Black History Month – PORGY & BESS at Robinson Auditorium

porgy-bess-robinsonOn December 6, 1943, one of the great love stories of the 20th Century came to Robinson Auditorium.  Cheryl Crawford’s Broadway revival of PORGY & BESS was presented for one performance.

The show was on a national tour after having played Broadway in 1942 and 1943.  The cast included Todd Duncan, who had originated the role of Porgy in 1935 and Etta Moten, for whom George and Ira Gershwin had originally written the part of Bess.  Avon Long played Sportin’ Life (as he would for much of his long career).  The Eva Jessye Choir was the chorus, as they had been for the original 1935 Broadway debut and were in the 1942 and 1943 Broadway revivals.

Conductor Alexander Smallens had been associated with the title since its 1935 debut. The design team of Herbert Andrews (settings) and Paul Du Pont (costumes) had been brought to the project in 1942 by producer Crawford.

This production of Porgy & Bess eliminated some of the singing and changed most of the recitatives to spoken dialogue. It made it less like an opera and more like conventional musical theatre.  While it may not have been true to George Gershwin’s original intent, it was financially more successful than the original production.  In fact, the Crawford version played Broadway in 1942, 1943, and 1944, with national tours after each of the stops on the Rialto.

In 1942, the cast of the revival had performed a one hour version on radio. This was recorded and released, making it one of the first original cast recordings of a Broadway production.

Based on the play by DuBose and Dorthy Heyward,  George Gershwin envisioned Porgy & Bess as an American opera. It had a libretto by DuBose Heyward, who also supplied lyrics along with George’s brother Ira.  While the original production seemed to have slightly confounded critics and audiences who were expecting something more along the lines of the breezy Gershwin shows of the 1920s and early 1930s, it has proven to be a durable title.  It fell out of favor in the 1960s and early 1970s as the Civil Rights movement was causing people to rethink the depictions of African Americans.  In 1976, the Houston Grand Opera staged a new production which restored most of Gershwin’s score and returned it squarely into the realm of opera.  This production played Broadway in 1976 (and won the 1977 Tony for Best Revival) and was revived in 1983 on Broadway.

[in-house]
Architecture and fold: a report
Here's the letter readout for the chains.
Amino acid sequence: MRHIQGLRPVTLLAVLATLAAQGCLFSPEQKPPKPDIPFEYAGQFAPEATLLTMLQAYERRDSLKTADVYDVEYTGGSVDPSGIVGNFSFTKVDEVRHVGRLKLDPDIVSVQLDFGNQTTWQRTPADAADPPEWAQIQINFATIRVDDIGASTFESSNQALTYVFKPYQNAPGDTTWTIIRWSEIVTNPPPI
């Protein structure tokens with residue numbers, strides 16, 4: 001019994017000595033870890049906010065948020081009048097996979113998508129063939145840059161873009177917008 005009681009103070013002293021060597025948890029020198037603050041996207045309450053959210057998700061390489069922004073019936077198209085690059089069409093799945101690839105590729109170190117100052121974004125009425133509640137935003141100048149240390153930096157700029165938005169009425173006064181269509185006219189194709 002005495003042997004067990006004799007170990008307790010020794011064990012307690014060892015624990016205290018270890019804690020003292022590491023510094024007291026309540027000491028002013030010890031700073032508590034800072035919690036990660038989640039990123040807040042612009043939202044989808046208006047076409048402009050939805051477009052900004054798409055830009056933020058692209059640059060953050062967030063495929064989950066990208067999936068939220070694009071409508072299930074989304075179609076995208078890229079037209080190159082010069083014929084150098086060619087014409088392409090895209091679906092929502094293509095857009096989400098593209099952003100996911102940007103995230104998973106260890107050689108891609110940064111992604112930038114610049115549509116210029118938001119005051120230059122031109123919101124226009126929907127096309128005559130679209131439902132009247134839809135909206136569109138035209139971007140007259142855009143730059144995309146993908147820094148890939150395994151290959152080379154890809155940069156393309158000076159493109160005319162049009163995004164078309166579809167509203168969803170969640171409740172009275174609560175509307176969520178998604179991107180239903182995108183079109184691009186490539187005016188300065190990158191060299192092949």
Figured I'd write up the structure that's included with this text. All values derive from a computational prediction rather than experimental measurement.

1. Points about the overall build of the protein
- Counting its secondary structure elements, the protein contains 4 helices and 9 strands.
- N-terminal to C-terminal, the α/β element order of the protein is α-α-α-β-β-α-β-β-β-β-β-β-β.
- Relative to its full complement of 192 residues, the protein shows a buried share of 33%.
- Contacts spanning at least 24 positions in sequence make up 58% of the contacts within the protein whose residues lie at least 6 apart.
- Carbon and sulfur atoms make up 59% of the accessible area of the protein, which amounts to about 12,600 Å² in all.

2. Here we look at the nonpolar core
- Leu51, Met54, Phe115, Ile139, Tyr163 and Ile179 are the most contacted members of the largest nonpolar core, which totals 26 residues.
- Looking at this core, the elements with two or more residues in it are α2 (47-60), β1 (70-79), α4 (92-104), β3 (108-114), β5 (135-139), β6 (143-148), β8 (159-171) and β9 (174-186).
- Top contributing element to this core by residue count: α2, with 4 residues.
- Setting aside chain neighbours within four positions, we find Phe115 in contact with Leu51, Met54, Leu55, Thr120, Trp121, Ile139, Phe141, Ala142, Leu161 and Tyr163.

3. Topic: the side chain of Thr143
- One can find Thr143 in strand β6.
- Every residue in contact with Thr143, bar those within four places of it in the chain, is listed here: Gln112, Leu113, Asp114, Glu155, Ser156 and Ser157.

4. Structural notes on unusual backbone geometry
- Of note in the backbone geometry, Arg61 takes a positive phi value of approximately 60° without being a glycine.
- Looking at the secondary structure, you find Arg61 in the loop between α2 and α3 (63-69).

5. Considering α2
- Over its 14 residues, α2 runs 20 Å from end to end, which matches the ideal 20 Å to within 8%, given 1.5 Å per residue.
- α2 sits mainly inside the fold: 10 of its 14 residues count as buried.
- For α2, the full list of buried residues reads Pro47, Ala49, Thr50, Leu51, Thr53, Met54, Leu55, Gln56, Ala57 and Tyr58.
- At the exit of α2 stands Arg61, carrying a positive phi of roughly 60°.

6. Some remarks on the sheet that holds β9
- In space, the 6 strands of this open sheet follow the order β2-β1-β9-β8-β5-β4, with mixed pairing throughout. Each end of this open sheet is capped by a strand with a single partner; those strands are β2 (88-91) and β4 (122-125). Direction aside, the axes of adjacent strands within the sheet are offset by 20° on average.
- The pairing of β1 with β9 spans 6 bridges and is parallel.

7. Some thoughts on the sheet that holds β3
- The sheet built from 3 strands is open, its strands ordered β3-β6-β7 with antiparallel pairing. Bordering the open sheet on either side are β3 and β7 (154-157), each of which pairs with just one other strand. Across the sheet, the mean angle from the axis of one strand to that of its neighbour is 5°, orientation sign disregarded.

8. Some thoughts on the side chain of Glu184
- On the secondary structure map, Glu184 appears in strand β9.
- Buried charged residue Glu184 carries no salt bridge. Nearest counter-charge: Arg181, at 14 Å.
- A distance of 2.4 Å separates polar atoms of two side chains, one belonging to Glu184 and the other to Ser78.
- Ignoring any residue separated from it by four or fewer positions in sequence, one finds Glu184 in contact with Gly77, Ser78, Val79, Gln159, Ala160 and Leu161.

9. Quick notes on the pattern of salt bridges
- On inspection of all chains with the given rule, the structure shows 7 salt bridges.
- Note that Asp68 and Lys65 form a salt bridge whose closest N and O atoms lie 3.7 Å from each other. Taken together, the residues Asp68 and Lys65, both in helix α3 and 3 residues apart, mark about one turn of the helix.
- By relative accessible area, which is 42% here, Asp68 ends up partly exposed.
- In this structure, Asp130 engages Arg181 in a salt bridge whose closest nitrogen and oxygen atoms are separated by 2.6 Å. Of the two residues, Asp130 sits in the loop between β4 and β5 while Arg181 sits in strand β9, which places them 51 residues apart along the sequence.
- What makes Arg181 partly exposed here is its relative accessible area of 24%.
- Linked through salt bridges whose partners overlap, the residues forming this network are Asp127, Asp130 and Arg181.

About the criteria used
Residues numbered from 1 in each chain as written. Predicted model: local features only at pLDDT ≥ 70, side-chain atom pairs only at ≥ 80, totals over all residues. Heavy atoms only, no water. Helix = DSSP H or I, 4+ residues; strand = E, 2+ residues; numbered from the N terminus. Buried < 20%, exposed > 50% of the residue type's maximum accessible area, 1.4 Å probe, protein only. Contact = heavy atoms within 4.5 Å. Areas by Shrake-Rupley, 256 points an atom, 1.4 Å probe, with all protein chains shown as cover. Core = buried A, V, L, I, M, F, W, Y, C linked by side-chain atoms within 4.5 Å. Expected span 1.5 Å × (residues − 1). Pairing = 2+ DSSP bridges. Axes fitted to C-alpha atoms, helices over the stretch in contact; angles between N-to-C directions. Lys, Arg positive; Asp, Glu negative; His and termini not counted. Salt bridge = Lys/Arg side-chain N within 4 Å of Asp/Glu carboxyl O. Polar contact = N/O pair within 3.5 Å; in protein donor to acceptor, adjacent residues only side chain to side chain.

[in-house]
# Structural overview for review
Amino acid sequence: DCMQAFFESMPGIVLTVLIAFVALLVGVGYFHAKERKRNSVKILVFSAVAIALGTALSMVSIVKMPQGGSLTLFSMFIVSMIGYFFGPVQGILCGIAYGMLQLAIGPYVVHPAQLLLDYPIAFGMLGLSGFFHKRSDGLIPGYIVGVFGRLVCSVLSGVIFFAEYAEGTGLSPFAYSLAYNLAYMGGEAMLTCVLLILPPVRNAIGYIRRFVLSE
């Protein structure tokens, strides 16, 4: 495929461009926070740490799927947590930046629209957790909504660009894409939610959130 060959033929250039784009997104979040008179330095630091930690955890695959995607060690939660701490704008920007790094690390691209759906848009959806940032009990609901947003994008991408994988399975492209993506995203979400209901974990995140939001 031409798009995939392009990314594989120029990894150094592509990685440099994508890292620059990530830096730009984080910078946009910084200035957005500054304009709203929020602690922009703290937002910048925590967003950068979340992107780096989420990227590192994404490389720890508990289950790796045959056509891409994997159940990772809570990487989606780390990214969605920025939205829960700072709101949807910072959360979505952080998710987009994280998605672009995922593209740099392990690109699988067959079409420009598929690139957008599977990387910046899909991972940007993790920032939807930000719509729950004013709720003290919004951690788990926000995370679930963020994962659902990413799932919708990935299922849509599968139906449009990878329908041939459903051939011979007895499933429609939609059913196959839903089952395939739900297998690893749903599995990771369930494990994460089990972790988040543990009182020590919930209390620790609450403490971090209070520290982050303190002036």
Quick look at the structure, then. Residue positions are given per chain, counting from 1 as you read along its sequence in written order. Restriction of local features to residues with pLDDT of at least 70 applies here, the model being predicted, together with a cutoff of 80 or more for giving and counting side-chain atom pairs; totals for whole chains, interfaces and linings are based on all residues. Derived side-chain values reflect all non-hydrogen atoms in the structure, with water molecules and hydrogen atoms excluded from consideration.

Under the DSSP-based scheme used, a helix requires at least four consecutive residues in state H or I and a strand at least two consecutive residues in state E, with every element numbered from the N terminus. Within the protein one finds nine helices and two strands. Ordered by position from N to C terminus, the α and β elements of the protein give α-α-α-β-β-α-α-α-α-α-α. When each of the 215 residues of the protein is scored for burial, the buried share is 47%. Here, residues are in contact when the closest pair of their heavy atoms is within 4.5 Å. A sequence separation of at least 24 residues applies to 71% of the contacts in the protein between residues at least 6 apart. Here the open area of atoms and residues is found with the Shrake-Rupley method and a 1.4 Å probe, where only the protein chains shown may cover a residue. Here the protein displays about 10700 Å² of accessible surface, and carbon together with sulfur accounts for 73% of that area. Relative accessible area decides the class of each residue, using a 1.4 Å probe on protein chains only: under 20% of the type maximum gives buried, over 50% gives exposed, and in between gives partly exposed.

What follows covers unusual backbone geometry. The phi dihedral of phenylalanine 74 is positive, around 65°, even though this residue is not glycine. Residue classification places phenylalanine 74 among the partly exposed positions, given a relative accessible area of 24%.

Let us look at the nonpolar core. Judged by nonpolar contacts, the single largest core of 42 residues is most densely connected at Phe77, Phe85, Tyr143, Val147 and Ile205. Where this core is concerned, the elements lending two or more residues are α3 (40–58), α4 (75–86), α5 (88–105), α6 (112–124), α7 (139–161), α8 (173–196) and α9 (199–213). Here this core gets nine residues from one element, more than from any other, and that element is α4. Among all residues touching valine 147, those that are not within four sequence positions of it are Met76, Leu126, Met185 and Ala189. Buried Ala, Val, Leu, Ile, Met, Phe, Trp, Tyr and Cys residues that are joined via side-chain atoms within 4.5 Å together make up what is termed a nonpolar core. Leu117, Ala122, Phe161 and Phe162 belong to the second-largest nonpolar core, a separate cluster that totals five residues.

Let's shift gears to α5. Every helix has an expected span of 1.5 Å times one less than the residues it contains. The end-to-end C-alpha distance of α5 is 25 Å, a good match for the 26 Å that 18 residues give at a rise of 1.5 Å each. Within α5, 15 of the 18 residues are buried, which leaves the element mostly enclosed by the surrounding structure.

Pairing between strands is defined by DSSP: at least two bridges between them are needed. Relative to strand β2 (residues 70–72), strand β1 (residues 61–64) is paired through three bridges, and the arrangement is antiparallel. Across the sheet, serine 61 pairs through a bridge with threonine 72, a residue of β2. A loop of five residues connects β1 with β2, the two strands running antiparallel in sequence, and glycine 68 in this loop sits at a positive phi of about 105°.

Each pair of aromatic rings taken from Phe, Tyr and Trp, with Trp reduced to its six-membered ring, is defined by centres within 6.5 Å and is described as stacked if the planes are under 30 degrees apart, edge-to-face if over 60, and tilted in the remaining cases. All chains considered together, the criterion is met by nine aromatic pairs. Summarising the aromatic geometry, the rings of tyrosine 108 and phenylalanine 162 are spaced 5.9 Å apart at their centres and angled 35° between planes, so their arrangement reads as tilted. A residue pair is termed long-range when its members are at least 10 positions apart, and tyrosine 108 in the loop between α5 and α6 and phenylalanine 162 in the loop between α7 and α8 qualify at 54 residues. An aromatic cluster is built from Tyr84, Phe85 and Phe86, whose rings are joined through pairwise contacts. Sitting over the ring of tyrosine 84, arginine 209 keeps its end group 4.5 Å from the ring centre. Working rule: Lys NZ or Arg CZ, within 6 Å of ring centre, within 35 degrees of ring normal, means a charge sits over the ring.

The most recent notable production of Porgy & Bess originated at Harvard’s American Repertory Theatre in 2011.  It officially opened on Broadway in January 2012 (where Little Rock native Will Trice was one of the producers).  In addition to winning the Tony for Best Revival of a Musical, it captured a Tony for Audra McDonald’s performance of Bess (Miss McDonald’s fifth Tony).

Black History Month – Lawrence Hamilton and Robinson Center

LawrenceHamiltonAnother notable former Little Rock performing artist who is memorialized at Robinson Center is Lawrence Hamilton.

The son of the Dr. Oscar and Mae Dell Hamilton, he was born in the small southwest Arkansas town of Foreman With an interest in music stemming from childhood, Hamilton earned a music scholarship to attend Henderson State University in Arkadelphia where he studied piano and voice He graduated in 1976 with a bachelor’s degree in music education.